CPS Driver’s Education course gives confidence to new drivers


Nicole Schroeder

When senior Phoebe Boeschen first began learning to drive, it was not necessarily effortless from the beginning. Driving her parents’ Prius in her neighborhood and the State Farm parking lot, it took a little while before she truly felt comfortable driving on busy roads and on highways. Even then, she preferred her dad’s instruction over her mom’s as she prepared for the driver’s test.
“My dad is more calm about everything and won’t really freak out if I make a mistake like my mom would,” Boeschen said. “[He] first took me to State Farm to practice driving around with no traffic. Then we progressed into more of my neighborhood, then we went around town, then eventually he took me on the highway.”
Of course, Boeschen at one point drove with her mother in the car as well, though Boeschen said the experience was much more stressful for both her and her mom than the driving lessons she went on with her dad.
“I remember the one time my mom took me to drive. She told me to turn. I was doing exactly as she said. I guess I  wasn’t turning the steering wheel enough and  so she kept yelling, ‘Turn, Turn, Turn,’” Boeschen said. “ As I did I ended up hitting the curb and scratching the side of the car. I guess I ended up turning too much. That was the last time my mom took me driving before I got my license.”
Boeschen said her parents taught her to drive because there was no driver’s education class offered through Columbia Public Schools and she believed her parents were experienced enough to teach her. Many students don’t realize, however, that CPS began offering driver’s ed courses during the summer in 2013 after many years of no such instruction.
Although he teaches during the regular school year at Jefferson Middle School, seventh grade English teacher John Clowe was one of four teachers to direct the driver’s ed course offered over the summer last year at RBHS. He said the program gave many students much-needed practice and confidence behind the wheel.
“Each student in the class who showed enough skill and confidence gets valuable time behind the wheel. Not much prepares you better for the drivers’ test than practice,” Clowe said. “Students in drivers’ education get experience behind the wheel and they get experience riding with other student drivers. That can be scary, and students learn a lot when observing other student drivers driving.”
While he still hasn’t yet tested for his driver’s license, junior Shray Kumar took the driver’s ed course last year and said it helped him gain confidence about learning to drive. He said the class was very thorough and explained many different aspects of driving.
“We learned everything about driving. In the class we learned the parts of a car, and how to react in every single driving procedure possible. It definitely prepared you for anything that could happen to you while driving,” Kumar said. “While in the car, we learned how to drive. You would start off in a parking lot, and eventually drive in the highway if you were good enough.”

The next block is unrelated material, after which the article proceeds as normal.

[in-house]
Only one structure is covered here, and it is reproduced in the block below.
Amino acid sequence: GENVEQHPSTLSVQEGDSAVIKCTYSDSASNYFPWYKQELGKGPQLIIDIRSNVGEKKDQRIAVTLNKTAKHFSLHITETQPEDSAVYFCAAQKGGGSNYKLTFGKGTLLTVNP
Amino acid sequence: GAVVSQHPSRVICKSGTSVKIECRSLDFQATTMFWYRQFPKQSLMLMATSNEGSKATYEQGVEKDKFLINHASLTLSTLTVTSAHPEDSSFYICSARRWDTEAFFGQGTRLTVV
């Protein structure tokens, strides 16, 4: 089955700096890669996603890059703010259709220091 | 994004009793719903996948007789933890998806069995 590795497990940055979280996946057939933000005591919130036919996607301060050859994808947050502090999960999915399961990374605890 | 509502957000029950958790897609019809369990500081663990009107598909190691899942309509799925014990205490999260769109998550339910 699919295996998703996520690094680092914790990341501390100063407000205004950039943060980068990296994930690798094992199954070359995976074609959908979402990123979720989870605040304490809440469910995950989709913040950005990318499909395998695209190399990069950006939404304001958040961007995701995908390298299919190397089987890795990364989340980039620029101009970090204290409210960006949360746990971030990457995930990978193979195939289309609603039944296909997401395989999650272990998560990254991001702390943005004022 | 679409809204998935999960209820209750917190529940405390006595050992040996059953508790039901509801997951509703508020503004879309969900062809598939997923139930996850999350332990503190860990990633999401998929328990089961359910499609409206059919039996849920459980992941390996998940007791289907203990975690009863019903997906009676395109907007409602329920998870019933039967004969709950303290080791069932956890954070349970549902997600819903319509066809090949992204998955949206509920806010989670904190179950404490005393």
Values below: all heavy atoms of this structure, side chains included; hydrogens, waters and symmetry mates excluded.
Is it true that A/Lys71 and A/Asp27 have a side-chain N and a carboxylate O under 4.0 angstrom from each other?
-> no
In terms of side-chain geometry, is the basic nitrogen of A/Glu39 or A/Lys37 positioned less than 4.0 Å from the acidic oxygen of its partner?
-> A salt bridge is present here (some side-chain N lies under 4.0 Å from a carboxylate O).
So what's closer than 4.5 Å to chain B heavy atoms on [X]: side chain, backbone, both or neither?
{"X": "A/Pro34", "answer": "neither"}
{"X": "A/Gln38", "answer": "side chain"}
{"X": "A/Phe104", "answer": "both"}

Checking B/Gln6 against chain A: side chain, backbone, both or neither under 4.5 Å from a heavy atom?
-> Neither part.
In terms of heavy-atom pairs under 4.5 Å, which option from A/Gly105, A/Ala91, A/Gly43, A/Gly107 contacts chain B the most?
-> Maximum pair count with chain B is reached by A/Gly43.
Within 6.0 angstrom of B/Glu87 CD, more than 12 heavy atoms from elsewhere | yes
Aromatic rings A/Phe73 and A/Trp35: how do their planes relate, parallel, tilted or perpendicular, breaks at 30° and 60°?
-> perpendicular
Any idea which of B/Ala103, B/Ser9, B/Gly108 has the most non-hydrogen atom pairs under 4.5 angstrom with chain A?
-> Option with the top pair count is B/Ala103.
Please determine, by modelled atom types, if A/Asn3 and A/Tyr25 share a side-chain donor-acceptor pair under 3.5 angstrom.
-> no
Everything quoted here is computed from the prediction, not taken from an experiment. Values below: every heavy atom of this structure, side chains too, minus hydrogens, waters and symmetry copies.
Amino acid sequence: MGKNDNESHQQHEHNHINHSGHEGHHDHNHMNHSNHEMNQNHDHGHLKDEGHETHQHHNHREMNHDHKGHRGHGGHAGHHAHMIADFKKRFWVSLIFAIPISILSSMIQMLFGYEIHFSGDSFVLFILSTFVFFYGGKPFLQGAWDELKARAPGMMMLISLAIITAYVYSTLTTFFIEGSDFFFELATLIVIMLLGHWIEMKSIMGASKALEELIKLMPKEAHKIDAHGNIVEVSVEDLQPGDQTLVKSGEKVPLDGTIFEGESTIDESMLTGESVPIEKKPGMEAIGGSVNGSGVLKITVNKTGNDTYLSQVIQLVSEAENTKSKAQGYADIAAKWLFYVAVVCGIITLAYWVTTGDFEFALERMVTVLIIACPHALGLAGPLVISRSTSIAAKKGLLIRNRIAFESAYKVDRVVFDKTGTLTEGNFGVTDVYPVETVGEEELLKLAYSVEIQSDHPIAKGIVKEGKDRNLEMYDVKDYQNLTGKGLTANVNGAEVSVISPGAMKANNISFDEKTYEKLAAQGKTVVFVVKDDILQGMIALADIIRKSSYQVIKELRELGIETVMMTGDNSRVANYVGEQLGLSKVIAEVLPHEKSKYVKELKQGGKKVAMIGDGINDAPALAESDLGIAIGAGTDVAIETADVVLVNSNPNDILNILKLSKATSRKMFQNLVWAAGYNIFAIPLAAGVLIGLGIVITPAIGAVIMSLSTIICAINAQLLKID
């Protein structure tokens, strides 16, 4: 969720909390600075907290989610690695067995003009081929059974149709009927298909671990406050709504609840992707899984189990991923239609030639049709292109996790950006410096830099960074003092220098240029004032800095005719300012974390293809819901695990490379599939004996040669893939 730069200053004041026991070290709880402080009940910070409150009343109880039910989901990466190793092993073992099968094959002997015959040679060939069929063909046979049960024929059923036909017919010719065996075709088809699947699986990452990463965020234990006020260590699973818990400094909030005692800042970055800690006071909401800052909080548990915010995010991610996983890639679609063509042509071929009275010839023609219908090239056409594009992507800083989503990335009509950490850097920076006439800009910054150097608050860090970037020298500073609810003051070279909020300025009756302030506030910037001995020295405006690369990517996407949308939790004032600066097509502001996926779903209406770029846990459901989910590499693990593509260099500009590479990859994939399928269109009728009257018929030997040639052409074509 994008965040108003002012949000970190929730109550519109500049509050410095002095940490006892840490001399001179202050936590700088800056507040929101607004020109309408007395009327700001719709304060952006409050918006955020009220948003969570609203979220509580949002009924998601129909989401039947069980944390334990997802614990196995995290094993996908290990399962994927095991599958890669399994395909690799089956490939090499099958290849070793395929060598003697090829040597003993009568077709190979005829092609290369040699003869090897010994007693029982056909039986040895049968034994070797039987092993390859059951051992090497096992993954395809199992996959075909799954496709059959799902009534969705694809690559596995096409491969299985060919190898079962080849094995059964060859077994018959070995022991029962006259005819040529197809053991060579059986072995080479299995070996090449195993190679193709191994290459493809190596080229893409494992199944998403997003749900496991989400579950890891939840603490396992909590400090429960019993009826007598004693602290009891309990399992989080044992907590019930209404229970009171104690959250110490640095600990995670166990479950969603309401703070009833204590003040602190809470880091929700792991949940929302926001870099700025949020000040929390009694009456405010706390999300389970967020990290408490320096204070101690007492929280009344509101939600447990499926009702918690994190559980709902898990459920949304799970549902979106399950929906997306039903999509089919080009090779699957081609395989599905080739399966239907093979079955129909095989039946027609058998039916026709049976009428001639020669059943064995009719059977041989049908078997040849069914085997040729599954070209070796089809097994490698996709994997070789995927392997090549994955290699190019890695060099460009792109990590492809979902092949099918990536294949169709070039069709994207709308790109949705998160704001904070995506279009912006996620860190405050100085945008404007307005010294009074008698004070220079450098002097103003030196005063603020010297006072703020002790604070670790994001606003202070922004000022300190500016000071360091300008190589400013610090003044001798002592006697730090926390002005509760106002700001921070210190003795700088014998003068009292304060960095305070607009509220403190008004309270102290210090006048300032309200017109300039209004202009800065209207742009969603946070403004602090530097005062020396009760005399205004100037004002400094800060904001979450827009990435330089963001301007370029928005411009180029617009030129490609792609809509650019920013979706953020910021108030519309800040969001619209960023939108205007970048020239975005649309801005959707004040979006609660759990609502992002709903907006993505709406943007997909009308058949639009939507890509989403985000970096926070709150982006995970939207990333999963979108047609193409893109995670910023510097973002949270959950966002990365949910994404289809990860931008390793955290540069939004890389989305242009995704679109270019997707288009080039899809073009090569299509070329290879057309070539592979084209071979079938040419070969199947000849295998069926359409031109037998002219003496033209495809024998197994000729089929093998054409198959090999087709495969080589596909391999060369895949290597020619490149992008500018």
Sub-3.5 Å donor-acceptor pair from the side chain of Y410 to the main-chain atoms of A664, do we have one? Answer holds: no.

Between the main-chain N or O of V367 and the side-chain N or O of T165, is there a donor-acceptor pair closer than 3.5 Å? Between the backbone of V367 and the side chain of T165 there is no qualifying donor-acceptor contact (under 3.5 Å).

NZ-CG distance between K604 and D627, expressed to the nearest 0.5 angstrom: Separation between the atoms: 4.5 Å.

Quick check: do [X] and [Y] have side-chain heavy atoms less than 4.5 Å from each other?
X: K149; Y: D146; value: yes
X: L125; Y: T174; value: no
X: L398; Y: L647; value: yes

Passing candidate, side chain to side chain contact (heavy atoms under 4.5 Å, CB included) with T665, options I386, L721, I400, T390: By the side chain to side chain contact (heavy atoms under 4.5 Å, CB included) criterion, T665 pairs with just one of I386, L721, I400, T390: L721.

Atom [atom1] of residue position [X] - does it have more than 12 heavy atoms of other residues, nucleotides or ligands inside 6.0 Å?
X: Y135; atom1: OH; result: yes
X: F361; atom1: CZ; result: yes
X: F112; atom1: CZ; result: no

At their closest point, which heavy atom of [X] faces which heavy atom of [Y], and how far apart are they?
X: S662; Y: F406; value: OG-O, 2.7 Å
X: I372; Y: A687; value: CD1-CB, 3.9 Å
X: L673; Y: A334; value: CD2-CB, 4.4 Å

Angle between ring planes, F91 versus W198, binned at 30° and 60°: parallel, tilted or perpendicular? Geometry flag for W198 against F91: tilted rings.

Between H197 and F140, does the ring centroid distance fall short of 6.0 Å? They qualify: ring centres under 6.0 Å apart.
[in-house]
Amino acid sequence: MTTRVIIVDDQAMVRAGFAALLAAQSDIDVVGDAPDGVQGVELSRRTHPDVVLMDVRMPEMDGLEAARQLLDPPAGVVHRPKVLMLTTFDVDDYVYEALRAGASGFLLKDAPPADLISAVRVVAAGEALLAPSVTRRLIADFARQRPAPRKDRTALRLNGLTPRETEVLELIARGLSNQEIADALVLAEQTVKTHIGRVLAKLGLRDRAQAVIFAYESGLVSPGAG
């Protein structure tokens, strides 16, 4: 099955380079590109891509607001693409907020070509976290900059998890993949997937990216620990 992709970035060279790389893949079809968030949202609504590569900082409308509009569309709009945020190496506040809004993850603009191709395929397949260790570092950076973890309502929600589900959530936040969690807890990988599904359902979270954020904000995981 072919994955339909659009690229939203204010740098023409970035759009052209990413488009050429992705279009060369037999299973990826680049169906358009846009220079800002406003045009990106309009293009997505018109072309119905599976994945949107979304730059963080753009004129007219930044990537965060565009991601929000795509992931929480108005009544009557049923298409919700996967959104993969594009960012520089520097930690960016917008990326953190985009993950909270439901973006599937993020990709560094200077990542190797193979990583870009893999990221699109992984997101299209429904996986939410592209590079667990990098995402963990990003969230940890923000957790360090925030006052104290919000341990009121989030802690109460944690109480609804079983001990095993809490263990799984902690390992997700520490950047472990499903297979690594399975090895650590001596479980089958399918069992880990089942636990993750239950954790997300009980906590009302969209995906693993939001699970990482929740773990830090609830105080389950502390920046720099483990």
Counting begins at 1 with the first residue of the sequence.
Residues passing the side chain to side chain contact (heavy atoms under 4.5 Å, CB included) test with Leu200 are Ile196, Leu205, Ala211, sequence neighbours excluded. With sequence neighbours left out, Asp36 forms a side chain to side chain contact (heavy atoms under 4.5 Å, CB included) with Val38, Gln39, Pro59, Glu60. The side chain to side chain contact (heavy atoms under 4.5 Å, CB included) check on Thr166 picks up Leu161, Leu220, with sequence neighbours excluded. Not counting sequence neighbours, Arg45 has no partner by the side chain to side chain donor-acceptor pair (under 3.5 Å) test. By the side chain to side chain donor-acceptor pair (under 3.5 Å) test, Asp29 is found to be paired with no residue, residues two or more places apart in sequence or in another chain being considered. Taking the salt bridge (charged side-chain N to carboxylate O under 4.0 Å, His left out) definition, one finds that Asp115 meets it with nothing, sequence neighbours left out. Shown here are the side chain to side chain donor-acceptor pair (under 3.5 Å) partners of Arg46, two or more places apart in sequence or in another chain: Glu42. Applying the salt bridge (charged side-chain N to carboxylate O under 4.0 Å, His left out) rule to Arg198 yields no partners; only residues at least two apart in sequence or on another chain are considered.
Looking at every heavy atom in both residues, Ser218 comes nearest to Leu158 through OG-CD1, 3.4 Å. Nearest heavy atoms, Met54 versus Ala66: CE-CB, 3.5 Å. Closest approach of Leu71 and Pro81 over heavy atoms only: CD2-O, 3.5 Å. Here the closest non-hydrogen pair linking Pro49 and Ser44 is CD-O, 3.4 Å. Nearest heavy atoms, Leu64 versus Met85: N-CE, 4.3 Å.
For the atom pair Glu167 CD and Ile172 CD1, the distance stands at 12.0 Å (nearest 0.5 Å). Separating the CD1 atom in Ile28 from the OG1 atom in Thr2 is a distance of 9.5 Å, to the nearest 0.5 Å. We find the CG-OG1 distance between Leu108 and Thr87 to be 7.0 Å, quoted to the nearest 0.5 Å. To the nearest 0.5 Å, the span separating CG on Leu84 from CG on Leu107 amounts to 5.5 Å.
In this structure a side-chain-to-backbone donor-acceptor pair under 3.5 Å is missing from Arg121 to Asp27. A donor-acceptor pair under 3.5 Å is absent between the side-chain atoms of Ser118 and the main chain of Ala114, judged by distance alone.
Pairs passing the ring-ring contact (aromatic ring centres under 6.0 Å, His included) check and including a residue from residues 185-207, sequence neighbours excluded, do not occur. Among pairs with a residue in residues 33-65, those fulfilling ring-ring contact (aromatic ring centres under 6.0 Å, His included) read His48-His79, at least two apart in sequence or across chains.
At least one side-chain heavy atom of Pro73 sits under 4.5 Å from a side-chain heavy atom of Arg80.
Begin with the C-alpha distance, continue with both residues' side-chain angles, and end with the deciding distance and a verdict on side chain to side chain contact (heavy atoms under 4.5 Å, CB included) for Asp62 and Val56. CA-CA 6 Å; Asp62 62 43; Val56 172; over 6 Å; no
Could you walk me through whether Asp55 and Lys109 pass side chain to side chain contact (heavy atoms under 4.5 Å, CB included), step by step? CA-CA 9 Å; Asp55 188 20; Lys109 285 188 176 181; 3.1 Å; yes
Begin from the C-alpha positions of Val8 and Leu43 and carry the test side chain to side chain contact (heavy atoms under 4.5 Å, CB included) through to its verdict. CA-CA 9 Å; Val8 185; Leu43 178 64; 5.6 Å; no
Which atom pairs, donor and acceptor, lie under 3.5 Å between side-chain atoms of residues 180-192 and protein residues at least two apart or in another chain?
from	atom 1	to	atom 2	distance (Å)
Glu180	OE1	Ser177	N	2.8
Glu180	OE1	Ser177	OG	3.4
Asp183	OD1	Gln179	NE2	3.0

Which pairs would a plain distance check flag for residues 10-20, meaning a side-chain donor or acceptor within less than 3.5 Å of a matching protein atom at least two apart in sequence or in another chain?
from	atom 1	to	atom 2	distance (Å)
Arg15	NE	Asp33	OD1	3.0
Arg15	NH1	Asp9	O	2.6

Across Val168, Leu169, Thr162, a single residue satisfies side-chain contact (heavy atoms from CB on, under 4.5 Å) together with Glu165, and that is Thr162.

Even if a driver’s ed course like those offered at CPS is helpful, however, Clowe said he doesn’t believe they are absolutely necessary for learning to drive well.
“I do not believe all students need to take a course on driving if their parents prepare them appropriately. I think some parents are not confident about teaching their children to drive,” Clowe said. “It can be an overwhelming experience. I do think that every student who took the class last summer developed skills for driving, and perhaps more importantly, developed an understanding of the risks and responsibilities of driving.”Whether learning to drive from parents or a driver’s ed course, Boeschen said practice is the key to passing the driver’s license test and mastering the skill of driving. The testament is in her routine; while she used to struggle with maneuvering the car and navigating roads around town, Boeschen now drives herself to school every day.
“[When I was still learning to drive,] I drove whenever my family wasn’t in a hurry to get somewhere,” Boeschen said. “I started to practice about four months before the test which is not smart. Start as early as you can, it will help you get used to the feeling of driving faster.”“Students in drivers’ education get experience behind the wheel and they get experience riding with other student drivers. That can be scary, and students learn a lot when observing other student drivers driving.” — John Clowe, CPS Driver’s Education teacherFurthermore, Kumar said it is important to find a teacher who is patient and will not make the student anxious or nervous to be behind the wheel. One of the benefits to the driver’s ed class offered at RBHS, he said, was the teachers’ ability to instruct the student learning to drive and still maintain their composure.
“It’s always nice to have someone that knows what they’re talking about guiding you through the process. When I was driving, the instructor’s voice was always so calm, and the way he spoke made it sound like every event that occurred while driving was orchestrated by him,” Kumar said. “It made me calm and happy since I had someone who could pinpoint my issues and answer any question I had.”
Whether a student learns to drive with his or her parents or in a driver’s ed course, Clowe said the most important aspect of driving is simply understanding how to do it safely and responsibly.
“For most of us in today’s society, driving is the most dangerous thing we do on a regular basis. Cars are expensive. Insurance is expensive. Being involved in an accident is expensive,” Clowe said. “Learning how to drive is important because driving a vehicle can have serious consequences. Having a good learning experience puts drivers on a road that hopefully leads to a lifetime of driving safely.”
By Nicole Schroeder
photo by Devesh Kumar